Tsverere vows to transform Chitungwiza town

CHITUNGWIZA - Chitungwiza's new mayor Gift Tsverere was yesterday sworn in at the council chambers.

Tsverere takes over from Philip Mutoti who was on numerous occasions suspended and arrested over allegations of corruption and mismanagement. Daily News reporter Helen Kadirire caught up with Tsverere.

Below are excerpts of the interview

Q: Can I have a brief background of Gift Tsverere’s life and qualifications.
A: I am 45-year-old research specialist who is a holder of BSc Honours degree in Development studies from Bindura University.
At Bindura University I was the Student Representative Council president. After finishing at Bindura I worked for Econet Wireless before leaving for the United Kingdom in 2008 where I studied for and attained my Master’s Degree in Public Policy and Practice from University of Greenwich.
In between my school breaks I worked as a relief teacher at Seke 3 and 5 High schools.
Following my return in 2012 I returned to work for Econet’s subsidiary Highlife Foundation but later left for South Africa in 2013 to work as a research assistant with the African Democratic Institute (ADI).
While at ADI I worked on a number of pro-democracy projects in South Africa, Namibia, Botswana, Senegal and other African countries.

Q: When did you begin your career in politics?
A: I joined the MDC in 2006 at branch level and rose through the ranks to the provincial council.
Currently, I am the provincial secretary for policy and research, an area that I know I will add value to. In 2013 I applied to contest as legislator for Chitungwiza South but lost the by-election to Canisio Makururu.

Q: What are some of the challenges that Chitungwiza is facing?
A: It is facing a lot of problems but the major one is of infrastructure. This new term councillors will have to address the infrastructure challenges of the town such as repairing and maintaining roads, rehabilitating the water and sewer lines, provide electricity and also improve the healthcare services of the town.
The reason why we are going to focus on infrastructure more is that you cannot attract investors when there is no infrastructure.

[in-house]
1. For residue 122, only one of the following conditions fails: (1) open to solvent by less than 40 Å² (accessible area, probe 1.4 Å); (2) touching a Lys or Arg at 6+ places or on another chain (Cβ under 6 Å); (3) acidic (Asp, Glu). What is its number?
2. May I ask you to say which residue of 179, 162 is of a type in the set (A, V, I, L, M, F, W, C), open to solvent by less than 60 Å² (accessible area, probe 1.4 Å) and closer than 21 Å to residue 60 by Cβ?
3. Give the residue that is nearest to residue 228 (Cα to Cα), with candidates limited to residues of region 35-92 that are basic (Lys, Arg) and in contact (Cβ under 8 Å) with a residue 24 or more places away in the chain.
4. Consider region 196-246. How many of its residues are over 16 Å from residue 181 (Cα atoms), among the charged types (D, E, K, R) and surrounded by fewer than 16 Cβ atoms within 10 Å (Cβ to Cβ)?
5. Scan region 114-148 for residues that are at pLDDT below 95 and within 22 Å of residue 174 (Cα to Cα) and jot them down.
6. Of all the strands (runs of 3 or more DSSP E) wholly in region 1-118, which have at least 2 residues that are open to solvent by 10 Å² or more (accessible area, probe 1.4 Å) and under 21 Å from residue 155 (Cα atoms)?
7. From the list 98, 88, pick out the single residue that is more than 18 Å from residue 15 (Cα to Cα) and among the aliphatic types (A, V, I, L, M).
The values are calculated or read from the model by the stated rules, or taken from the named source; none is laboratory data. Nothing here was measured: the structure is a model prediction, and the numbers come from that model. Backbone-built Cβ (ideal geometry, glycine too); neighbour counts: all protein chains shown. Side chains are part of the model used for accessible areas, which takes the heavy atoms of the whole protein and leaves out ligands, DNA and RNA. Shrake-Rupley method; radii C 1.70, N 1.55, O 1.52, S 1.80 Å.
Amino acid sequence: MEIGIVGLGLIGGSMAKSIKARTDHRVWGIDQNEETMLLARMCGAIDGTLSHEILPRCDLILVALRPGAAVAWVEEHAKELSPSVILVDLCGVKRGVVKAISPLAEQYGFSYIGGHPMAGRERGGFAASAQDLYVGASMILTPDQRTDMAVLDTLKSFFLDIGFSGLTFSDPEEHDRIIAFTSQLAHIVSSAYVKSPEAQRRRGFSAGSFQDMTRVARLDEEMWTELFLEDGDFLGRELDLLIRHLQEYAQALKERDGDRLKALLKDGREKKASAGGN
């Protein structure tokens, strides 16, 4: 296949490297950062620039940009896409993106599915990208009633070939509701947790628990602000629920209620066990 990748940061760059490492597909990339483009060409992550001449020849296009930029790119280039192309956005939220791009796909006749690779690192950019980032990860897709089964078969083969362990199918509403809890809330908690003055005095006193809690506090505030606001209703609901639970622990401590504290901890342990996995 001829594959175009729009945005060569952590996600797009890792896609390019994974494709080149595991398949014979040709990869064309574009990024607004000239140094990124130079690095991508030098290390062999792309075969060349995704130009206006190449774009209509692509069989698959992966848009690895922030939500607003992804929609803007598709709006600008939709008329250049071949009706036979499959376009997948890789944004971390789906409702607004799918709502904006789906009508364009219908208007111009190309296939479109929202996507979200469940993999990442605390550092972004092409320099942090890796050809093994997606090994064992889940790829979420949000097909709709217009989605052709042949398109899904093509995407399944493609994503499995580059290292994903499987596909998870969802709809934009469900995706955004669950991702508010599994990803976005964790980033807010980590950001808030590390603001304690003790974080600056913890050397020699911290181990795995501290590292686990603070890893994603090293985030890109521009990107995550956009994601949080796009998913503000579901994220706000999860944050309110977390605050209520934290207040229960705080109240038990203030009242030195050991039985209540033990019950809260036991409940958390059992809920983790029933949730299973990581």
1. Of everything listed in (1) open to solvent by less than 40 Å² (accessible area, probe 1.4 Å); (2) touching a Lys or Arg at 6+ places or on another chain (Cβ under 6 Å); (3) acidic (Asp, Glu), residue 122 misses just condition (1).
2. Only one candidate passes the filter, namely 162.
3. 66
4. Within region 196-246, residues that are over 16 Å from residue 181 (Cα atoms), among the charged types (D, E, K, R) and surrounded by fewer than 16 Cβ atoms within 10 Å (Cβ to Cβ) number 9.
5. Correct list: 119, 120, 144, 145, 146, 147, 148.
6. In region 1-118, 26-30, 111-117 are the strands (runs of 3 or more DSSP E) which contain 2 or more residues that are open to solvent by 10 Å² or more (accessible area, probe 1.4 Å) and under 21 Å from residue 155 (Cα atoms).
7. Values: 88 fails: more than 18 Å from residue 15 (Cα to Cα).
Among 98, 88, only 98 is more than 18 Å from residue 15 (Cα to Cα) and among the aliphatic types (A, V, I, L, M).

You cannot call investors to come and invest in Chitungwiza when there is no running water.
Manufacturing companies need water to manufacture and they need electricity to operate. So that is what we will focus on.

Q: How are you going to fix the healthcare challenges of Chitungwiza?
A: In Chitungwiza we have very few medical facilities. We only have one major hospital and four poly-clinics to cater for a population of 356 800 people.
There is only one other private hospital.
So you can see that there is pressure on those limited resources. We need to minimise that pressure on those resources. The population growth of Chitungwiza is like every other African country and we need to look into ways of relieving that pressure.

Q: With Chitungwiza’s ever growing population other facilities such as schools are also suffering, how will you fix that?
A: As a matter of urgency we need to look into the town’s Master Plan and find ways of growing the town into neighbouring areas like Manyame which are not expanding at the same rate as us.
The limited resources can no longer contain our population. We have about 60 000 school-going children who are serviced by 29 primary and secondary schools.
This results in a very high teacher pupil ratio of 1:60 which is not recommended.

Q: Chitungwiza has one of the biggest planning headaches in the form of informal settlements, how are you going to fix that?
A: Looking at our economy there is no way that we are going to demolish those structures. The only way forward is to incorporate them into the city’s plans and regularise them by providing social services.
After that we will give the homeowners their title deeds so that they are secured. We do not want to repeat past errors of destroying structures.
For those who have been staying at council-rented accommodation we are going to ease on the four percent Estates duty imposed on residents for change of name on a house. For people to pay rates we have to provide services. If that happens and council gets revenue we will try to minimise all costs that burden the residents.

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